Trying to replace double sink bathroom faucets from the 1980s and after removing setscrews tried to pull of handles after oiling them and using a Husky faucet puller. No luck with the Husky and no luck unscrewing the threaded pipe that attaches to the lower silver bell of the handle (it moves up and down the threads but not past the faucet handle). Am I missing something?

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    When you say set screw, you mean the screw that goes into the top of the handle? That should be the only thing holding the handle on. Well, that and 30 years of corrosion... What tool are you using? – JPhi1618 Jul 16 '19 at 17:26
  • If this is a particular moen one, that was only briefly produced it's because it's backwards that all other faucets. It took me and two hours of a plumber's time to get it out. – HouseyHouse Dec 17 '19 at 1:38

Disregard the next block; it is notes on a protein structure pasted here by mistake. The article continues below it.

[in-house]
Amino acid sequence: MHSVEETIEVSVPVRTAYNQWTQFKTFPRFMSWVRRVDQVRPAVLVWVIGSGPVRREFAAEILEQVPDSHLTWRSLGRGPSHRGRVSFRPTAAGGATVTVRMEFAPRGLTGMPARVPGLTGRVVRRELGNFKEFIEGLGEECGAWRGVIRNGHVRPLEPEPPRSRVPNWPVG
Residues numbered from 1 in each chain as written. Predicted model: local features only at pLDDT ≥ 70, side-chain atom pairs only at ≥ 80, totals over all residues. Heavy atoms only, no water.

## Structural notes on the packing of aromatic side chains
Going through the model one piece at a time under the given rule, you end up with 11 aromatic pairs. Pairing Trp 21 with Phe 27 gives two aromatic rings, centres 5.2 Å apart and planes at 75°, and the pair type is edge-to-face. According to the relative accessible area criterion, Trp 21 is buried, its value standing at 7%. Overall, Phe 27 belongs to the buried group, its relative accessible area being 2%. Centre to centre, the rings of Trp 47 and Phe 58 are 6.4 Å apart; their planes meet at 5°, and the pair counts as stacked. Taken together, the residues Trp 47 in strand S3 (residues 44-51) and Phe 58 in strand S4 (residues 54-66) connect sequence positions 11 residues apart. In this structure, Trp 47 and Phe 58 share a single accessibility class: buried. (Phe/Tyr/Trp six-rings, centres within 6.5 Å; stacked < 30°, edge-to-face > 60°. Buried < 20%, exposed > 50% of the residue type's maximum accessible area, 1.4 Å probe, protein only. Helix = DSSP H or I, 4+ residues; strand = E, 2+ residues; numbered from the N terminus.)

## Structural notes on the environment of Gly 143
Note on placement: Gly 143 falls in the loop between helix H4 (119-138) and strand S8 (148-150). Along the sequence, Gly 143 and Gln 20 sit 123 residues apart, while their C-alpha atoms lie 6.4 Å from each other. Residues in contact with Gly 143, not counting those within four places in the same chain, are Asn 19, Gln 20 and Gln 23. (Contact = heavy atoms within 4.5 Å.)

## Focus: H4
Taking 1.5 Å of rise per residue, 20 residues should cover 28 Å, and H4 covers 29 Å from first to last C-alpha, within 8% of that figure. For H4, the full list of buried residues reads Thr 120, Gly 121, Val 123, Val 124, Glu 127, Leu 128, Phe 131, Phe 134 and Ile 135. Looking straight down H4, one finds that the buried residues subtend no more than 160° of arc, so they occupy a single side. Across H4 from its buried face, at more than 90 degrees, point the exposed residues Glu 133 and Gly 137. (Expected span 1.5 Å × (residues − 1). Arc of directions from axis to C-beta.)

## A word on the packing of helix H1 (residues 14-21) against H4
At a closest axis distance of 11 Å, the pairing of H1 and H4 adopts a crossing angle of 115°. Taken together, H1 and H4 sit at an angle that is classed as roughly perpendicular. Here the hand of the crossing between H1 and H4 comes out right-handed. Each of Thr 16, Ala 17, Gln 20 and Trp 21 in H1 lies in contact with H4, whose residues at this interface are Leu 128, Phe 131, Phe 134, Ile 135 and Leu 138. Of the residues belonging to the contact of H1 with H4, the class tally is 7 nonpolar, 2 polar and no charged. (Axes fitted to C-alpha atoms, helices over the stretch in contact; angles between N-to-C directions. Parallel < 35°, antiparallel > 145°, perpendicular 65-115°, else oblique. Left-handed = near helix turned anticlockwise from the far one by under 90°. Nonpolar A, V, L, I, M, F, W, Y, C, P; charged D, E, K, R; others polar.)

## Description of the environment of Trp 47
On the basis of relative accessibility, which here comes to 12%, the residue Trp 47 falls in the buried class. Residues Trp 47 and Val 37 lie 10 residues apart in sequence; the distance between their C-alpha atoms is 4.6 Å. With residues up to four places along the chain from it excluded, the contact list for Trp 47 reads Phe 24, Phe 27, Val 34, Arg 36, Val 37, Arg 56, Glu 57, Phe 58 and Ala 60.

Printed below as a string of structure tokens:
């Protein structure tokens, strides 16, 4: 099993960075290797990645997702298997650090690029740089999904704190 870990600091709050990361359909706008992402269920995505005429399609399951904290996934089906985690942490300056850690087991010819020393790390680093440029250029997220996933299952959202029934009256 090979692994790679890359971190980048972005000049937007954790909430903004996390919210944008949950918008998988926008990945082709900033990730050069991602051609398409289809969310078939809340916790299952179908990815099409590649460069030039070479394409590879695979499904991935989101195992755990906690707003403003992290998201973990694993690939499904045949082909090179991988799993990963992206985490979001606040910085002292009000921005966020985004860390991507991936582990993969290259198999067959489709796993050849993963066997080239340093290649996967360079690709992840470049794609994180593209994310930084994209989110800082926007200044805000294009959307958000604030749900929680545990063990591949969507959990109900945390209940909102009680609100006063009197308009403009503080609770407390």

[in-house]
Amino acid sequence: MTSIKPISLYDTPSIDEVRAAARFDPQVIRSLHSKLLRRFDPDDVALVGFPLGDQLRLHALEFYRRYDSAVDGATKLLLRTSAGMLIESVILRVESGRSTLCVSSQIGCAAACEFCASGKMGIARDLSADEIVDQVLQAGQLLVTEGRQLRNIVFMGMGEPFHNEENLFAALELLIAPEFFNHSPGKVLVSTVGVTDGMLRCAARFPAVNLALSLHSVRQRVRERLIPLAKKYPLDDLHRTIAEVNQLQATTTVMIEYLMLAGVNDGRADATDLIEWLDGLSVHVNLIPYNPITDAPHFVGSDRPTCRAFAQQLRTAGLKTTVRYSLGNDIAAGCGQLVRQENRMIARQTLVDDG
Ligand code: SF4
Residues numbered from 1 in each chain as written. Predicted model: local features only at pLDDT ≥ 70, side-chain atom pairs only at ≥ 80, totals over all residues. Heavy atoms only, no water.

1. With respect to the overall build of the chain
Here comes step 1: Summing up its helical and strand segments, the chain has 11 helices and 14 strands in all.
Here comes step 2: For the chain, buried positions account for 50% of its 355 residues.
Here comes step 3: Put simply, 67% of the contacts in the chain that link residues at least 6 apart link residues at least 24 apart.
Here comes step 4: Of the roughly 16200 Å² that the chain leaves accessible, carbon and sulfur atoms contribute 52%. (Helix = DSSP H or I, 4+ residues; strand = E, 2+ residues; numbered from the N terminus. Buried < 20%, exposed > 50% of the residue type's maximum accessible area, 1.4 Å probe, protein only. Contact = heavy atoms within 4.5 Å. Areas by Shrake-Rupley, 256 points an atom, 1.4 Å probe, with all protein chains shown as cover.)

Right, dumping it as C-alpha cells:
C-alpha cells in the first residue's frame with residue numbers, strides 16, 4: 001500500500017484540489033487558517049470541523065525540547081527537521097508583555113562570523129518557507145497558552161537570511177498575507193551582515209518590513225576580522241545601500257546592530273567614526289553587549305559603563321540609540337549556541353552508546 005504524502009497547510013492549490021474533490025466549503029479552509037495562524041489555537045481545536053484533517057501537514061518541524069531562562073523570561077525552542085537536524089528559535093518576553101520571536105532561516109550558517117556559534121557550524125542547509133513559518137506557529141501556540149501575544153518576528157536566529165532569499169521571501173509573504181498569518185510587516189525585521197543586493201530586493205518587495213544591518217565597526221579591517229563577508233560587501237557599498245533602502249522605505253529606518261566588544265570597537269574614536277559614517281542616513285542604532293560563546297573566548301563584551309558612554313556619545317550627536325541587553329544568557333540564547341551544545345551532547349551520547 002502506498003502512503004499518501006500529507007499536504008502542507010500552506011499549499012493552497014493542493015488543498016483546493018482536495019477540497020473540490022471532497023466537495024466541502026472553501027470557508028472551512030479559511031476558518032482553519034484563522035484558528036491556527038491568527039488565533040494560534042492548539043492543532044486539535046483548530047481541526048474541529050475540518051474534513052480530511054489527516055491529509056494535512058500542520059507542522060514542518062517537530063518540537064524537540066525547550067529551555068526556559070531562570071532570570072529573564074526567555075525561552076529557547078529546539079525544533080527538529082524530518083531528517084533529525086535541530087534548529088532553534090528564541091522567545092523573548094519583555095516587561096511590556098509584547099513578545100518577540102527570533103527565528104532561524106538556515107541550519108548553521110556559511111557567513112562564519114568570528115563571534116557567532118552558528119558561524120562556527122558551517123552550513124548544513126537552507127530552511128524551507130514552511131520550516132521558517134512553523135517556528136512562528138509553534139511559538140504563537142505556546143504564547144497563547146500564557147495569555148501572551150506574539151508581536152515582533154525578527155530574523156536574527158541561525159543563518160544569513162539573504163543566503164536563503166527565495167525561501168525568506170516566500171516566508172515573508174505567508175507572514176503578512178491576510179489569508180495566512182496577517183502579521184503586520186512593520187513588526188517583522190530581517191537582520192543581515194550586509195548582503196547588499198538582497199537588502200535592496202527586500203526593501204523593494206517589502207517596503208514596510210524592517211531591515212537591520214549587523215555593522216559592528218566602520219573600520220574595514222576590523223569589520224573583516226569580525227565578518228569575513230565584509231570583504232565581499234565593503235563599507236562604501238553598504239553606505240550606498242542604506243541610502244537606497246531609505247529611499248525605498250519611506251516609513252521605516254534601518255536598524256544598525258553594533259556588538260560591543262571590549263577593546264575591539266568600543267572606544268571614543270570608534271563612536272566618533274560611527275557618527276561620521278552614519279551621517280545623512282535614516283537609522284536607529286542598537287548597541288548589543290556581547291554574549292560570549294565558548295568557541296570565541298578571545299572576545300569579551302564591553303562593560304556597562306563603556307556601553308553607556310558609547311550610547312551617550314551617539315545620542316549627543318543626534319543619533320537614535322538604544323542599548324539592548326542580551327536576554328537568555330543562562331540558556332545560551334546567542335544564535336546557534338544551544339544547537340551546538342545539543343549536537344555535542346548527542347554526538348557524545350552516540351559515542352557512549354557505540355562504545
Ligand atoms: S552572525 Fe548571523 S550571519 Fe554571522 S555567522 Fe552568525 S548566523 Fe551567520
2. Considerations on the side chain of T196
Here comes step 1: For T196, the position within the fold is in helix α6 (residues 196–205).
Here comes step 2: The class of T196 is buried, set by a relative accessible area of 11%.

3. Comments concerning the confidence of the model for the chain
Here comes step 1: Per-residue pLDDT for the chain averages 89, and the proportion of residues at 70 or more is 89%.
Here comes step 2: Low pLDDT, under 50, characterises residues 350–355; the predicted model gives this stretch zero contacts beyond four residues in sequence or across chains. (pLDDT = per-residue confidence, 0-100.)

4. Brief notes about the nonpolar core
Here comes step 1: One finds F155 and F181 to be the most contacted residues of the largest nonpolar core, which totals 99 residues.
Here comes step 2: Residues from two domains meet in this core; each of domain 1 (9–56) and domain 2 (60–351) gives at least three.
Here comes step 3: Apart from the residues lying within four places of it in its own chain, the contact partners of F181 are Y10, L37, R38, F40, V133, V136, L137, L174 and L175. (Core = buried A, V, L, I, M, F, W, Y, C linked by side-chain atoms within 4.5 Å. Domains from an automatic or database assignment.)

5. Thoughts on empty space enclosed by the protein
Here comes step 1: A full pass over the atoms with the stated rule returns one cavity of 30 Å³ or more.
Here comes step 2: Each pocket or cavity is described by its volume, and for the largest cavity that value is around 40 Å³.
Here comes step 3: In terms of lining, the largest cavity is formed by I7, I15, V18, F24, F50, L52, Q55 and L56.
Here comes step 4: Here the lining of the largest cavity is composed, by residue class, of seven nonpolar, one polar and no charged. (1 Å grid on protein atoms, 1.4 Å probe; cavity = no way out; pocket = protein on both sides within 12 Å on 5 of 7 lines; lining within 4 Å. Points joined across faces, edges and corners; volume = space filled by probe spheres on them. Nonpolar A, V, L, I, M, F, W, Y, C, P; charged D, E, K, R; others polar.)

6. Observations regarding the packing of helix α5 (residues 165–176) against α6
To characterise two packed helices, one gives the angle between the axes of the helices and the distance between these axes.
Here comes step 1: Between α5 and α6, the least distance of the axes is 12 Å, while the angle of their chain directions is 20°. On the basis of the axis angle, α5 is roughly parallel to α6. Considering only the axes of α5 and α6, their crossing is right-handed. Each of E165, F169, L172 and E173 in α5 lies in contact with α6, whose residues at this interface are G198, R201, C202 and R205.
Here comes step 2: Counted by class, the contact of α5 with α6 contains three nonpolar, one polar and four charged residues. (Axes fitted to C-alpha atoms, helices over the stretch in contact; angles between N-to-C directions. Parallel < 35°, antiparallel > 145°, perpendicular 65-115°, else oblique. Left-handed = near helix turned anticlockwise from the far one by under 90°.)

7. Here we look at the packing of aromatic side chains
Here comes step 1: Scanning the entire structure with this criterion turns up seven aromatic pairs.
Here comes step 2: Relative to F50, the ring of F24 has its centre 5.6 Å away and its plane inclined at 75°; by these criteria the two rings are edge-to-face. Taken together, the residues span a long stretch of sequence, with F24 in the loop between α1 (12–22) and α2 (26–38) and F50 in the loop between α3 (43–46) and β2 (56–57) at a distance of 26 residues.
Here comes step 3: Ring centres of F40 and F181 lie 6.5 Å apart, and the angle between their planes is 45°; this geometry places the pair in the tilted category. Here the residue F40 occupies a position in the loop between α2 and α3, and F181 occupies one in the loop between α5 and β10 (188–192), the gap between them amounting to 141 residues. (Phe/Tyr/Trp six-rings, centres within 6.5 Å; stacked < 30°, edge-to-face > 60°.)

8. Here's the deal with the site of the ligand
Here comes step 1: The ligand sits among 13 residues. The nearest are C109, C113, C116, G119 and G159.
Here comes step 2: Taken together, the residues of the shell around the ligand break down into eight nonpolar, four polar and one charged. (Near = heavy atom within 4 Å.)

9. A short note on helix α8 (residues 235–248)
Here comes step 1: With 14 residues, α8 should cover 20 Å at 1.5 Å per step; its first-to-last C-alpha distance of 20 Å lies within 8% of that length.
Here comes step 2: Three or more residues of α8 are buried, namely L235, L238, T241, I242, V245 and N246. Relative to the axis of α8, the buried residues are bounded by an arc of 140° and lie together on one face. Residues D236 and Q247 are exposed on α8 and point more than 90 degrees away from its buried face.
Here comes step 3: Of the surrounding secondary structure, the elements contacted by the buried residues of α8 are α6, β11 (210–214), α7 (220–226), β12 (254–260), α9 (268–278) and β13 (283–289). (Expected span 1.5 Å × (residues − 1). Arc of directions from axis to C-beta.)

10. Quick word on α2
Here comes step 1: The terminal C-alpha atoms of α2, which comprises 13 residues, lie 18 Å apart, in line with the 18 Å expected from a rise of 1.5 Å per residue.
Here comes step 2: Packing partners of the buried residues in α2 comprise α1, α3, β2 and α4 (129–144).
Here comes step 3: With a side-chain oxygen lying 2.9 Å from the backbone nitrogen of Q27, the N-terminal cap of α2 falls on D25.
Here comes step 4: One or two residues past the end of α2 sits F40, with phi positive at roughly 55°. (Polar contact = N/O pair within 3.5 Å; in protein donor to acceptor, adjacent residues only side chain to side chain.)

No! Don’t cut it out! Unthreading the bell/escutcheon counterclockwise while holding the valve assembly will remove the escutcheon AND the lever. Several kohler, grohe , price pfister model lavatory faucets install and uninstalled this way.

  • Hello, and welcome to Home Improvement. Thanks for the answer; keep 'em coming. And, you should probably take our tour so you'll know how best to contribute here. – Daniel Griscom Dec 17 '19 at 1:24

Are you wishing to replace all of the faucet for a new one or just the handles? For full replacement, there should be a locknut on the underside which needs to be removed and also the water line connections.


When in doubt, cut it out! If you've tried penetrating oil, a puller and maybe whacking up and down on the handle with a hammer (breaks any scale or rust locking) or blow torch (extreme heat expands the outer member) and nothing works.

Then, remove the underside's locking nuts, as seen in picture 2, and just cut them off with a reciprocating saw. If a locking nut doesn't budge, then cut a slot in that to then pry open and off with a screwdriver. Do not let it win!

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